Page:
Explaining this week’s deadly US cold snap
It’s been a strange and awful week in the South.
This week’s bizarre, deadly weather—snow on the Mexican border, ice-locked roads in Louisiana, and subzero temperatures in central Texas—all starts in the Arctic, where a barrier that normally keeps out polar winds has switched sides.
Under normal circumstances, the jet stream (a band of fast-moving wind that encircles the North Pole) herds the freezing arctic air, keeping it largely contained over the Pole. But the jet stream isn’t perfectly round: it moves in a loose wave at high latitudes. Oftentimes, that wave crests over Alaska, and drops down over the Great Plains, or vice versa.
Right now, the jet stream has bulged down so far that it loops around nearly the entire continental US, letting supercooled polar air pour across the Great Plains, in what’s called an “arctic outbreak.”
The bulge was kicked off by a zone of high pressure that formed over Alaska in January, and diverted the jet stream to the south. Under normal circumstances, that loop would have started moving to the east, relieving the midwest of cold temperatures, says Brad Pugh, a meteorologist with the National Oceanographic and Atmospheric Administration’s Climate Prediction Center.
But this year, he says “there’s also been a strong area of high pressure over the Southwest Atlantic, just offshore the southeastern US.” The two high pressure zones have pinned the jet stream in place, keeping the Great Plains in the bull’s eye.
By the middle of next week, he says, “temperatures will either be near or above normal across the Great Plains,” with highs in the 60s in Texas. But the duration of this particular arctic outbreak is, to his knowledge, “unheard of.”
Part of the current stickiness of the jet stream could be related to a breakdown of the high-altitude polar vortex earlier this winter, says Amy Butler, an atmospheric scientist at NOAA’s Chemical Sciences Laboratory. The polar vortex is a zone of cold air that normally spins like a top high above the North Pole. But when it’s disrupted, “air pressure builds up over the Arctic, displacing the Arctic air south,” Butler says, although she cautions that the exact relationship between the jet stream and the vortex are still unknown.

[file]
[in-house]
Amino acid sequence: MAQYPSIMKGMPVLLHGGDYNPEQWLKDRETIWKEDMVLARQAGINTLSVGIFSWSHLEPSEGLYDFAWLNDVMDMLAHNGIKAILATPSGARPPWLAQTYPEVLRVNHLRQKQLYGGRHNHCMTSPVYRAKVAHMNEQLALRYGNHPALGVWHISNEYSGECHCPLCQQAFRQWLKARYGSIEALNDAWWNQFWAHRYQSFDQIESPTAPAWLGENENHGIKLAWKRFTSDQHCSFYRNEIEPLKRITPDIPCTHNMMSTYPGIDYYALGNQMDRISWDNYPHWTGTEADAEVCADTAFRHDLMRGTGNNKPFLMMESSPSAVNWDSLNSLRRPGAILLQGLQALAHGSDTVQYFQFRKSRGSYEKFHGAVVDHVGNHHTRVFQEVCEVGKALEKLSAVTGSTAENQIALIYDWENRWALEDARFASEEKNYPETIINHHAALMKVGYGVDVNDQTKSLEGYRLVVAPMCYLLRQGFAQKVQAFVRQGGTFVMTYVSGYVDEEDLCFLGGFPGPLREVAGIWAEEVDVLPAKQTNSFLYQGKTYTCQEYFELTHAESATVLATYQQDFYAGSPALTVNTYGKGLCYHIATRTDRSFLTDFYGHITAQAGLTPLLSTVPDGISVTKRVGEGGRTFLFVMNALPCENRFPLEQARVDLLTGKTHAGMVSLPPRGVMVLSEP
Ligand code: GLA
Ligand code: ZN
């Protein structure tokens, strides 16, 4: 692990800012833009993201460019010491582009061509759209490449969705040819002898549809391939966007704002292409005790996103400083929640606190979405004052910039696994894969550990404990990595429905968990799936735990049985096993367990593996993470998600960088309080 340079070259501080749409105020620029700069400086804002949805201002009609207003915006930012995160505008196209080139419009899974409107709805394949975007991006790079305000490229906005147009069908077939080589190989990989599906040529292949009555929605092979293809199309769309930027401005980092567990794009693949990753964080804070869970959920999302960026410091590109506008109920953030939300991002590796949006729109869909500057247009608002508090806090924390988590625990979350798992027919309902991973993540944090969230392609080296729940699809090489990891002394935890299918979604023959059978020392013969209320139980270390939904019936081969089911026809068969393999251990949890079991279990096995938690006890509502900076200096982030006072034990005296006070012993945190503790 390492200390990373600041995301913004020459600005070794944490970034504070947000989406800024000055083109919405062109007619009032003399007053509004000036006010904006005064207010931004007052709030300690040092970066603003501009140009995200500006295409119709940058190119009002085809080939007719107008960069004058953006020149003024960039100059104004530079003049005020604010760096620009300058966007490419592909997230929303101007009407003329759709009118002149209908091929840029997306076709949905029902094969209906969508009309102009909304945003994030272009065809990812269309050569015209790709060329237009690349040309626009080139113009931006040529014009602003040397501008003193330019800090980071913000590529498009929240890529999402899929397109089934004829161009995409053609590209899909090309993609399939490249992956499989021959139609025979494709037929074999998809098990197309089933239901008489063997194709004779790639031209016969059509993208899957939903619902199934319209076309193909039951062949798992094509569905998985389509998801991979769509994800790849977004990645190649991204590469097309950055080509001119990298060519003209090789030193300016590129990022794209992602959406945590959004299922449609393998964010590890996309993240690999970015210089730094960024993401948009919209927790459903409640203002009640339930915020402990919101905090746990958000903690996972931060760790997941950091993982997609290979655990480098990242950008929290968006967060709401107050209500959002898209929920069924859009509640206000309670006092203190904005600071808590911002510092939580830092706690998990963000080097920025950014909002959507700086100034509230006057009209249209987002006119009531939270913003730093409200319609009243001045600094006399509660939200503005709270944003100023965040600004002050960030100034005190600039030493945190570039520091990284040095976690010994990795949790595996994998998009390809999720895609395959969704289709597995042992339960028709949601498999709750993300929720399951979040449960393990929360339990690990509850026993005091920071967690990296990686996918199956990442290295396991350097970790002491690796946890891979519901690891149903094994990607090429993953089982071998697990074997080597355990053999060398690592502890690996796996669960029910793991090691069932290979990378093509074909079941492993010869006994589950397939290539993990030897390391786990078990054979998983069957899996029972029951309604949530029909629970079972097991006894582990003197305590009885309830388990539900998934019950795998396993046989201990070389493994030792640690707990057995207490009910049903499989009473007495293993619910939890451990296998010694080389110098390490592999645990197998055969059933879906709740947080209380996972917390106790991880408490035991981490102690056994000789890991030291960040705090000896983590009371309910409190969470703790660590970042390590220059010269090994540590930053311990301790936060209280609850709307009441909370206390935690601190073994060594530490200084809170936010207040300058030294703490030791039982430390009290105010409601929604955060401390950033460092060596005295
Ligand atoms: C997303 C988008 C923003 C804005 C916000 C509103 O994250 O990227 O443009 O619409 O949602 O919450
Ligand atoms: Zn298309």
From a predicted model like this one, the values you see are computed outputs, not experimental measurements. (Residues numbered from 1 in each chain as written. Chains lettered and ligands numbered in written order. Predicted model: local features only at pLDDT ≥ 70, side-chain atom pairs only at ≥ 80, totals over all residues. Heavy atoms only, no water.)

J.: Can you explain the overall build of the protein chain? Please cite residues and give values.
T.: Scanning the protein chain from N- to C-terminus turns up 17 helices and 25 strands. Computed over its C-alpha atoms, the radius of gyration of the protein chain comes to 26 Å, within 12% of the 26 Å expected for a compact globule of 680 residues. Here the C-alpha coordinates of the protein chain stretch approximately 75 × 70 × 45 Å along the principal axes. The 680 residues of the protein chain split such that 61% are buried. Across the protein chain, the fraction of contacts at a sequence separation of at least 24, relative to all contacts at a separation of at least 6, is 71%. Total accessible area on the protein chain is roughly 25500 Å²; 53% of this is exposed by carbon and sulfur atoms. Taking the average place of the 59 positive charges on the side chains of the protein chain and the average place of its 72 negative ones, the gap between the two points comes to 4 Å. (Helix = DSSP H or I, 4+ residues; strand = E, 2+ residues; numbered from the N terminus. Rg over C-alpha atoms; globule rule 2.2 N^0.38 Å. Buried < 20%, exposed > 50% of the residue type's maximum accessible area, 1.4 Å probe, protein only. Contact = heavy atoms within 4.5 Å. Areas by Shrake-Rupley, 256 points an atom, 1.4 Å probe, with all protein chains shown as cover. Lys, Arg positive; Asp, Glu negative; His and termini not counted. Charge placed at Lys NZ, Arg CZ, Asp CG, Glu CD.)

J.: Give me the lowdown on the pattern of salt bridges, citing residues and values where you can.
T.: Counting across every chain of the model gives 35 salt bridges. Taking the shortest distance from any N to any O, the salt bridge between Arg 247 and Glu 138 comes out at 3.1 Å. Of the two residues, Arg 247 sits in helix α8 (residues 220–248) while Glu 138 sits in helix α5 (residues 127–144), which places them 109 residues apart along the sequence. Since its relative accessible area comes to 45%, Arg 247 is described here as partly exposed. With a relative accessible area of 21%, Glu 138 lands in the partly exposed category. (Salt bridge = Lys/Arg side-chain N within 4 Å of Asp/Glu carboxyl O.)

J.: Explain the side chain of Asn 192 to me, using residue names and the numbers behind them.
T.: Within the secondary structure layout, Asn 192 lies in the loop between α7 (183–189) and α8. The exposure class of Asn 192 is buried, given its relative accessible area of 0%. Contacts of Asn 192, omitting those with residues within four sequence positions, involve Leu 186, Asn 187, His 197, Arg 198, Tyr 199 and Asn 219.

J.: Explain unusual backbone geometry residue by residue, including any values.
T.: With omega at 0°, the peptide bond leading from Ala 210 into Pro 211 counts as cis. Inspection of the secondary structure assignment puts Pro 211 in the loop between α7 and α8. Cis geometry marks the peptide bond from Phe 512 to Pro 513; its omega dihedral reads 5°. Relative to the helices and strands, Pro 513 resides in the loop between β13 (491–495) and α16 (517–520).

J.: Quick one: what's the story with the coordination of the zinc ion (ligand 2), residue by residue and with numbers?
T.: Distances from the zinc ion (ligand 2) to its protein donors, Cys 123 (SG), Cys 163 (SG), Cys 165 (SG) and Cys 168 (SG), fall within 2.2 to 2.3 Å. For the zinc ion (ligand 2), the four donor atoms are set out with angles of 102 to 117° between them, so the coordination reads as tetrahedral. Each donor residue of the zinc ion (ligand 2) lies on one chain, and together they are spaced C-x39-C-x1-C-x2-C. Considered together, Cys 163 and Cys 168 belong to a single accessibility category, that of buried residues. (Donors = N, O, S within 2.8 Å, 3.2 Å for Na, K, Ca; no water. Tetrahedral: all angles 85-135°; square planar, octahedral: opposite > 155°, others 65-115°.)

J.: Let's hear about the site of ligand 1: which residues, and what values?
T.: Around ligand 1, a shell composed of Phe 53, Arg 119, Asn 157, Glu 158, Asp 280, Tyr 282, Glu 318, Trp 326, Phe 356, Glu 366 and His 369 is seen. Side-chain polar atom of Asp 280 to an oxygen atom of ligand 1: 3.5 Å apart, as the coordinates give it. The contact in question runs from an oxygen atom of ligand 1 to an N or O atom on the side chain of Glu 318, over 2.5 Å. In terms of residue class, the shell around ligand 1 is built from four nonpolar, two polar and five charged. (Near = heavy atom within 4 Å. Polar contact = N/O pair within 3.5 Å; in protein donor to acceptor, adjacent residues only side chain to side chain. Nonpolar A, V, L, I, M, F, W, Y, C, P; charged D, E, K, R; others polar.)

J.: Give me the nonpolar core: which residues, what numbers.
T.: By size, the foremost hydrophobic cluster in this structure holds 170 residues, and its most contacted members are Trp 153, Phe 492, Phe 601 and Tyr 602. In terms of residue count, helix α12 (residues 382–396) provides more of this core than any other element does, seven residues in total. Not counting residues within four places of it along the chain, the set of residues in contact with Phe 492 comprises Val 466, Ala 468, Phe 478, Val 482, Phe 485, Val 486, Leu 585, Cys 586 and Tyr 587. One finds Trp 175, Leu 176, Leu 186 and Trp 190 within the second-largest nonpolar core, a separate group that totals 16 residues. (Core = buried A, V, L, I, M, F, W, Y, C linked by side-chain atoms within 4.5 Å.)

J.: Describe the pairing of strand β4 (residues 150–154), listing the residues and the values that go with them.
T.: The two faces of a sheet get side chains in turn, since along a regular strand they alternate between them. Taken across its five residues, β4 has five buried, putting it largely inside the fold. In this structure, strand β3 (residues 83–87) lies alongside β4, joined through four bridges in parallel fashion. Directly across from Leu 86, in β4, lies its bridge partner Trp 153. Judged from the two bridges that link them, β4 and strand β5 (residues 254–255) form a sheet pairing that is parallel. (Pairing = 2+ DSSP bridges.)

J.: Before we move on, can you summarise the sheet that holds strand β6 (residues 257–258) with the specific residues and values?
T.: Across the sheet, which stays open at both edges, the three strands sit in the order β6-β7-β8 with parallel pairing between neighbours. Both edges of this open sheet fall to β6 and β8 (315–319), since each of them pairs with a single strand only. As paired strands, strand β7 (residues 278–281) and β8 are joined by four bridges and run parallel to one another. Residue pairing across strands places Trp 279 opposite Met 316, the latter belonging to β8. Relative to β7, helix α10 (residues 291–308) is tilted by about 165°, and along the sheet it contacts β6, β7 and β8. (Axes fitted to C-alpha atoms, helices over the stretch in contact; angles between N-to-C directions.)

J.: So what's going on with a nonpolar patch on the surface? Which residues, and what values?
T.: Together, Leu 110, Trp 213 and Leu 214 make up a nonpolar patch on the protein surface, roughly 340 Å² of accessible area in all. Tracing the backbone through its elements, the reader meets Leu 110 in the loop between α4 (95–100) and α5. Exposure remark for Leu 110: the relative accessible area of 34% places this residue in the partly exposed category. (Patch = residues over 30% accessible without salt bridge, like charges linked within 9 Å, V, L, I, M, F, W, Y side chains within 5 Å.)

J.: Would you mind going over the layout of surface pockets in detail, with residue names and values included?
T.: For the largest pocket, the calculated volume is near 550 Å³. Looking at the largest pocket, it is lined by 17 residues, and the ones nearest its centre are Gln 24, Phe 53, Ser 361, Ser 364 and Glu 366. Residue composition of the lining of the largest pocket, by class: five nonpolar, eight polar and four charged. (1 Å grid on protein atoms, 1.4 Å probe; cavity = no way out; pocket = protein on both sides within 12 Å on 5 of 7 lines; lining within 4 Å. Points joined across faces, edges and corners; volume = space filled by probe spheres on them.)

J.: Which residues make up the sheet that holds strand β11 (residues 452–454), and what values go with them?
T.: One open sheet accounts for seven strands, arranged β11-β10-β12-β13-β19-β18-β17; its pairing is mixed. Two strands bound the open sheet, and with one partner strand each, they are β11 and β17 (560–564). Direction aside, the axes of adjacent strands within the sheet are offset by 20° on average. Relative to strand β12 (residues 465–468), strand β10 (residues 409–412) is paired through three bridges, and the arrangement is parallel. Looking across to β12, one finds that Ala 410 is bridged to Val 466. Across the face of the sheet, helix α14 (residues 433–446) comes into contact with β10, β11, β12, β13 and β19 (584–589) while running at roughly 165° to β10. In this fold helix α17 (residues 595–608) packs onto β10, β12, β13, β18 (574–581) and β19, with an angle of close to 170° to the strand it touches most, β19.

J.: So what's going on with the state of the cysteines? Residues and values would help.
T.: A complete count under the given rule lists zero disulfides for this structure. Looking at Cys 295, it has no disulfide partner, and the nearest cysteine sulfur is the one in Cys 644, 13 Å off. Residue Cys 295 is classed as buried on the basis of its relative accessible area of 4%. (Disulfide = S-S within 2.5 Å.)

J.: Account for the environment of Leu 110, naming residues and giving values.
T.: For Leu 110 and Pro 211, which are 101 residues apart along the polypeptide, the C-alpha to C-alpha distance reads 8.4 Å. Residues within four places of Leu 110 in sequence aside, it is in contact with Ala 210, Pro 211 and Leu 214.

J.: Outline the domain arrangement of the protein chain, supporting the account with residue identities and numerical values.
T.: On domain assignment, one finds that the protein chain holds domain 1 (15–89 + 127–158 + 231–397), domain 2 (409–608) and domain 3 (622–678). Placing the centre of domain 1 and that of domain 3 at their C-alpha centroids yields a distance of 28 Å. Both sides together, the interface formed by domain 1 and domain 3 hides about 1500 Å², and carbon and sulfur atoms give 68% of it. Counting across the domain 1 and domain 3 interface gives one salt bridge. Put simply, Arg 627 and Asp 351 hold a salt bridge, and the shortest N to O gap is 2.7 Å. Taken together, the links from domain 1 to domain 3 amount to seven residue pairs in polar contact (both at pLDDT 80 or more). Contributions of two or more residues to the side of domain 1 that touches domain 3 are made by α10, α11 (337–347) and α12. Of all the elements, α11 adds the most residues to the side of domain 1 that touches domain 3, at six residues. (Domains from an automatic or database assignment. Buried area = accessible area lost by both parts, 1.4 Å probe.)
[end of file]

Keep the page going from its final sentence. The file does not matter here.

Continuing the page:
Also driving the severity of the outbreak, says Mark Seeley, a longtime climatologist with the University of Minnesota, is that air over the Arctic has sat in place for months. “In those seasons of long nights and short days, [the air] just incubates and gets denser and colder, and denser and colder.”
Then, when the jet stream buckles over the central US, that dense, cold air plows south. “[The Arctic air] is so massive, and so amplified in terms of cold,” says Seeley, “that it just runs over everything and sets all kinds of cold temperature records.”
Outbreaks of this scale only happen every few generations, says Seeley, but they aren’t necessarily unprecedented. In 1899, an arctic outbreak led to subzero temperatures in Tallahassee, Florida. On February 17 of that year, people in New Orleans watched chunks of ice float down the Mississippi on their way to the Gulf of Mexico, where an inch-thick layer of sea ice had formed.
“People who have lived through these remember them the rest of their lives,” Seeley says, “but they just have a single episode to remember.”
According to Butler, the connection to climate change remains unclear. Some climate models suggest that as the Arctic warms, the jet stream will become wavier, and therefore more likely to let polar air spill into arctic outbreaks. But other researchers argue that models have shown mixed results, sometimes even finding a strengthened, more stable jet stream.
But even if these kinds of disruptions become more common, Butler says, deep freezes are still going to be rarer.
“The overwhelming response to climate change will be that things will get warmer everywhere,” she says. Even if outbreaks of polar air become more common, “what’s ‘cold’ in 2080 could be a really warm day in today’s climate.”